I wanted to write a little about my small part in this paper. My work in this collaboration is one of the times when I have most felt that I was making a real-world impact. Mark Underwood, the lead author on this paper, is a neonatologist and assistant professor at the UC Davis Medical Center, where he practices medicine in the neonatal intensive care unit (NICU) and cares for premature infants ("premies"). He had a use for the tool that I developed in my Bif-TRFLP paper, so I got to participate in this cool study.
|A premie and its tiny little feet|
One of the major issues that premies face early in life is necrotizing enterocolitis (NEC), which is thought to arise in part due to imbalance in the gut bacterial community. Premies have underdeveloped intestinal tracts that are extra prone to infections. Probiotics have often been used to try to prevent this life-threatening disease, at least some of the time successfully. The idea is that the good bacteria can help the immature gut resist colonization by pathogens by taking up all the space, eating all the "bacteria food," and producing antimicrobial metabolites. There has been a lot of debate about which strains of probiotics to use, and how best to use them. This paper tested a few different supplementation mixes and how they affected the microbial community in the gut of premies. It showed some interesting results about improving the diversity of the community, improving levels of beneficial bifidobacteria, and showed species-level differences in the efficacy of the intervention. Here is a link to the paper.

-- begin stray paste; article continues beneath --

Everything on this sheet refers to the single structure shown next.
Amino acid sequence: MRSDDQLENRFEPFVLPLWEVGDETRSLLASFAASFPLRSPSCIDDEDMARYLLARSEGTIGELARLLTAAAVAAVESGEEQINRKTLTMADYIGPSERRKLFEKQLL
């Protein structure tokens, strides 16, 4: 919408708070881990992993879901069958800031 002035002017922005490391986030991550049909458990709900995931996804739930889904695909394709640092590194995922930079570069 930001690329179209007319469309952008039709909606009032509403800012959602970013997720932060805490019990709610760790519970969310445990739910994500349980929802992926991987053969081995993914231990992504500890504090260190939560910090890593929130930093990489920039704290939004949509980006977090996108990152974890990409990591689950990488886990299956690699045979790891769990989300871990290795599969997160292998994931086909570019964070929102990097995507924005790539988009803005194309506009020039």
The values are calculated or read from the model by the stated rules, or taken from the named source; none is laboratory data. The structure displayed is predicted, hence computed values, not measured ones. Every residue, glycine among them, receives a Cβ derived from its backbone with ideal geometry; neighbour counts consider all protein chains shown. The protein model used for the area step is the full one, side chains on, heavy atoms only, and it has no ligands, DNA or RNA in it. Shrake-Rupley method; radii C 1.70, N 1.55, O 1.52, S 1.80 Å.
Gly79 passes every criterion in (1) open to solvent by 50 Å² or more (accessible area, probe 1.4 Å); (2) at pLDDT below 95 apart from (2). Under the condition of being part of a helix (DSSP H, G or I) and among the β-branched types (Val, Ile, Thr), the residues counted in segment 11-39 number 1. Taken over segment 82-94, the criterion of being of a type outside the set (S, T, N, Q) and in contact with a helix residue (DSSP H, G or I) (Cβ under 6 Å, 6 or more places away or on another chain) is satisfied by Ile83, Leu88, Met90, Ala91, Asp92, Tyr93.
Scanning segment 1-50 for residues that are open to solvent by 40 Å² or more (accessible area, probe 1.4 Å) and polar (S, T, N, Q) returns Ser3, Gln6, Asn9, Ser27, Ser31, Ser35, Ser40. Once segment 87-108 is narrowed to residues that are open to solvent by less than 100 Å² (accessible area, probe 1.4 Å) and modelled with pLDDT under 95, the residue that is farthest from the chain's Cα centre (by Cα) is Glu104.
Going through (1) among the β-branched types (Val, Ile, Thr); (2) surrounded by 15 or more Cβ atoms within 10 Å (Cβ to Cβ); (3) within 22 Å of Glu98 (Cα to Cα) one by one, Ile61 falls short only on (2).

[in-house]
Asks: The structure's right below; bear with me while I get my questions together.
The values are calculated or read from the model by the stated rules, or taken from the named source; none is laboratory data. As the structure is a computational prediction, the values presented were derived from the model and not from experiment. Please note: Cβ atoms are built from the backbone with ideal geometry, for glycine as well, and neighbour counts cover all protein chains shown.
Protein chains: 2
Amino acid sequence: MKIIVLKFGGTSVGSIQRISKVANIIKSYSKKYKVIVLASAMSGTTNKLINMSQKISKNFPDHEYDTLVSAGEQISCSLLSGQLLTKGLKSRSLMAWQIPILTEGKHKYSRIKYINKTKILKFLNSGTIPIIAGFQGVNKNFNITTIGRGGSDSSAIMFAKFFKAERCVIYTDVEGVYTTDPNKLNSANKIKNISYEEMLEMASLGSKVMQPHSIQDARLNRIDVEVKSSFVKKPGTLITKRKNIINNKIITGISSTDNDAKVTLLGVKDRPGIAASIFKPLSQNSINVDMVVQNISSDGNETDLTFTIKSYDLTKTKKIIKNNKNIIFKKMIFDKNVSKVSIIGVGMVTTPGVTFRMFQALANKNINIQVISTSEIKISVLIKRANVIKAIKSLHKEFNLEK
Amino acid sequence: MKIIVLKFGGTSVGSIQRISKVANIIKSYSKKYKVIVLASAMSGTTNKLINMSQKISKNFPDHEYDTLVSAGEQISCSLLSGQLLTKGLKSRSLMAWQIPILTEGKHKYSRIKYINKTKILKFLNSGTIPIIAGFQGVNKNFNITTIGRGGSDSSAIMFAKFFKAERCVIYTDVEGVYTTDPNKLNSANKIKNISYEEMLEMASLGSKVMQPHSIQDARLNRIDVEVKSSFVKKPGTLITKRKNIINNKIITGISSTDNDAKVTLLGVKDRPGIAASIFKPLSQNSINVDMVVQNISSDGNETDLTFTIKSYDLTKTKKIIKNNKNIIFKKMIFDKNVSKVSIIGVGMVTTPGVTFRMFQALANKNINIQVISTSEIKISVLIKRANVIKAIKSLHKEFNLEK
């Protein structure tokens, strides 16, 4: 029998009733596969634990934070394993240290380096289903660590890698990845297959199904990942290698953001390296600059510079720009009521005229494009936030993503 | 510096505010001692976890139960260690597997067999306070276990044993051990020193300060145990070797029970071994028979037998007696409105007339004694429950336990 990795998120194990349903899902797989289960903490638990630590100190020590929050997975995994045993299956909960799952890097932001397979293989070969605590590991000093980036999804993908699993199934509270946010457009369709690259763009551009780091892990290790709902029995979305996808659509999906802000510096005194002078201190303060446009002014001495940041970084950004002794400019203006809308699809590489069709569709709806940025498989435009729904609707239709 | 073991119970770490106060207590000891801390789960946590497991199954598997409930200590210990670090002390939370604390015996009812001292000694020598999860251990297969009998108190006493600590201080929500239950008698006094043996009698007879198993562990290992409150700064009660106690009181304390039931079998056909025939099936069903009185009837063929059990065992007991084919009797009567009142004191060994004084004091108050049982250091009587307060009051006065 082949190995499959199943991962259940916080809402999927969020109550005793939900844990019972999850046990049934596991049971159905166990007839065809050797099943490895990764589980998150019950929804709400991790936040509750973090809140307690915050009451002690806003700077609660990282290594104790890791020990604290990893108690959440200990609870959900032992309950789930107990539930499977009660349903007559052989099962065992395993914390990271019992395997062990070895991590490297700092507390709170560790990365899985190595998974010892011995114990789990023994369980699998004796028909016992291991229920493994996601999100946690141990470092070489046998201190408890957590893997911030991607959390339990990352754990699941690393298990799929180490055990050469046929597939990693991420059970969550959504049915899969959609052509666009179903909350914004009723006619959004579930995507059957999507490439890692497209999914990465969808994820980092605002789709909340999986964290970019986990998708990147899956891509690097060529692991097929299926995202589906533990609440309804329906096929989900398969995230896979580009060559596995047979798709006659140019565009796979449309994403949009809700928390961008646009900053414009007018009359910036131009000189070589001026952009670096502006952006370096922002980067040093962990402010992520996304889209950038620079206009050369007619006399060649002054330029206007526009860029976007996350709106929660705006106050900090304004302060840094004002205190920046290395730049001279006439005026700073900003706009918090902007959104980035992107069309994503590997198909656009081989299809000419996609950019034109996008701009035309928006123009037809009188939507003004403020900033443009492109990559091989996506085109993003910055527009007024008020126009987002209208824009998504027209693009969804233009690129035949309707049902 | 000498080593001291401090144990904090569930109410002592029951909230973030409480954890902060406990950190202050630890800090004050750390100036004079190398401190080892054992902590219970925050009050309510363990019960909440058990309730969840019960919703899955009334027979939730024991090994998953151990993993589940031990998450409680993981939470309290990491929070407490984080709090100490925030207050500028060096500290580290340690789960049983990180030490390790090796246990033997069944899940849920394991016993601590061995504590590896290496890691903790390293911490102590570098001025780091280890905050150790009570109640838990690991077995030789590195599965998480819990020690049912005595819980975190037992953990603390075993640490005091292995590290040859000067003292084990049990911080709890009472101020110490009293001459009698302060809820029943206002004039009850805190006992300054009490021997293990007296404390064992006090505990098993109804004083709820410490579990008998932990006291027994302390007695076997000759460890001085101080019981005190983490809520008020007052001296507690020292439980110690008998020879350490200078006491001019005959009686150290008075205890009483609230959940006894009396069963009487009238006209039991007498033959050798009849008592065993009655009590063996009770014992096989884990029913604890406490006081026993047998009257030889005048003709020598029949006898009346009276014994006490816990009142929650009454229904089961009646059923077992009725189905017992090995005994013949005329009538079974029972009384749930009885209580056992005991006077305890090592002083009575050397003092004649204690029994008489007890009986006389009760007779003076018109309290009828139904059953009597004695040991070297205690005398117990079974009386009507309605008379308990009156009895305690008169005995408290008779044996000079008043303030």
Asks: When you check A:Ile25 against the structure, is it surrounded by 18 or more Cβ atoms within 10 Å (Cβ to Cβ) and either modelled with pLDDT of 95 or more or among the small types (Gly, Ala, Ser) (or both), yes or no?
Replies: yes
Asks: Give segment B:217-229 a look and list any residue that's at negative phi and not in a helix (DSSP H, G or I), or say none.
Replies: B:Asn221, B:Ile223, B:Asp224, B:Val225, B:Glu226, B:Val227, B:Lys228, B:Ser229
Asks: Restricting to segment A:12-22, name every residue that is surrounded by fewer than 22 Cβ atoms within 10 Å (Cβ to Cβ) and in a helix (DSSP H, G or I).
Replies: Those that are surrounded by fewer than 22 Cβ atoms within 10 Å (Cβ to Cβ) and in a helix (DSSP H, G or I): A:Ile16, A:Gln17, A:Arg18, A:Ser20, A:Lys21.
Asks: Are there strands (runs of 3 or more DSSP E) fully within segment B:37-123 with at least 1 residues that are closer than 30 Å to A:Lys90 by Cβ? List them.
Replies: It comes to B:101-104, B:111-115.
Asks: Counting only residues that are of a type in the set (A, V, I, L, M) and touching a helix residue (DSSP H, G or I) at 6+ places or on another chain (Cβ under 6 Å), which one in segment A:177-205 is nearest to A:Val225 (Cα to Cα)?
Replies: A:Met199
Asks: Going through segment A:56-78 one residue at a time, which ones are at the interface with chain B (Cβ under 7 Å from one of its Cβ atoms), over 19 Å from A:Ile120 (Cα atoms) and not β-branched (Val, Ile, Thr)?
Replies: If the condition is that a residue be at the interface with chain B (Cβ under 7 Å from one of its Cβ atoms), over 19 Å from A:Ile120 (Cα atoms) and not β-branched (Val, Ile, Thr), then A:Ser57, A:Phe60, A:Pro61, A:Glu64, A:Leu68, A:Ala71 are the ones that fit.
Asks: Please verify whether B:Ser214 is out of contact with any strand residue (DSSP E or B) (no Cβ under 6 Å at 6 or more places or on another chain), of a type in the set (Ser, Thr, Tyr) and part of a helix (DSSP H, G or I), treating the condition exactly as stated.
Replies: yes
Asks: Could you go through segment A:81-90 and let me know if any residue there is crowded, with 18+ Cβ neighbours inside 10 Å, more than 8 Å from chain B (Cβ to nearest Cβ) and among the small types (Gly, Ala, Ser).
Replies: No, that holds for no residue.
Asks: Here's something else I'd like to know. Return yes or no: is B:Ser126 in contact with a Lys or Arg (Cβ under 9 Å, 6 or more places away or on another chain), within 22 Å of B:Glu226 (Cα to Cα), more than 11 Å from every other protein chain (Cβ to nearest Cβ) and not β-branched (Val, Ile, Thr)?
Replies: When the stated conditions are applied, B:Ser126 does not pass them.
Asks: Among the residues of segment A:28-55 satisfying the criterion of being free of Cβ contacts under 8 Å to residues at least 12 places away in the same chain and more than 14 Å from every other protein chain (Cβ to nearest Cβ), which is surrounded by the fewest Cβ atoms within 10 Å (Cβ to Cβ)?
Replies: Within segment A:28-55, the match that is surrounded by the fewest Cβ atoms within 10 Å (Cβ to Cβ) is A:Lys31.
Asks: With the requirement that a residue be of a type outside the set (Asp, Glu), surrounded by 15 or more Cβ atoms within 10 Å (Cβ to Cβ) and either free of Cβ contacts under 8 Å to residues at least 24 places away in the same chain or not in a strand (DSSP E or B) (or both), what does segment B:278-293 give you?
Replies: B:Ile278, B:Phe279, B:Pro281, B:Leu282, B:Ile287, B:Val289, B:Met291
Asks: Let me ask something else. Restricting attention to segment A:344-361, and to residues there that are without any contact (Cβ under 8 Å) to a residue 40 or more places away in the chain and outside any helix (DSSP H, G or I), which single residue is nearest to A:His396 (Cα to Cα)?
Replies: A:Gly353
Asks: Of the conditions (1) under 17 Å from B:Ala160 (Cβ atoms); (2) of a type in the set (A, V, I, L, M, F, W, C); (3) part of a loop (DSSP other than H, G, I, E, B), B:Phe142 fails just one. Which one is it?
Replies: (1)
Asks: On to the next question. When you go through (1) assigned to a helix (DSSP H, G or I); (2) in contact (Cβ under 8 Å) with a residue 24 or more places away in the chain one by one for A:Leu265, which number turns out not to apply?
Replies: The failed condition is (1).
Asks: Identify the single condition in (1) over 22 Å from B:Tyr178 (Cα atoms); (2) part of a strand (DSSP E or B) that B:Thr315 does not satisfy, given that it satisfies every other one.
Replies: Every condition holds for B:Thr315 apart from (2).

My part in this paper was to use my Bif-TRFLP technique to figure out which species of bifidobacteria were found in the guts of some of Mark's NICU infants: before, during, and after a variety of treatments. I discovered that B. infantis, a strain that is known to eat the oligosaccharides (sugars) found in breast milk, colonizes infants better than the B. lactis strain we tested. When given breast milk the B. infantis strain was the dominant bifidobacteria in the infants, even if they were given B. lactis and not B. infantis.
This begs the question of how the babies that were given B. lactis ended up colonized by B. infantis instead. They take lots of precautions in the NICU to try to avoid spreading bacteria around the environment, and try to keep these fragile infants from being exposed to harmful bugs like those that cause NEC. (You can take a look at the set-up they have in this really cool virtual tour of the NICU.) This work seems to show that the B. infantis floating around the NICU (maybe from the infants inoculated with it, stray inoculum itself, or just normal environmental strains, who knows!) can outcompete the non-human-milk-adapted B. lactis strain as long as they are given breast milk. The environmental B. infantis probably gets into the infant in much lower numbers than the comparatively massive B. lactis supplementation given to the study babies, so this is a remarkable finding.
This just goes to show the importance of strain specificity to an environment. Not all probiotics (or bacteria in general) are created equal, and they are not always well adapted to a given set of conditions. I really like being a microbial ecologist because it gives me the tools to answer questions like these. Evolution drives microbial community structures, and thinking about how that affects real world problems is a really rewarding exercise to me.
UPDATE- This work was profiled in the press. See here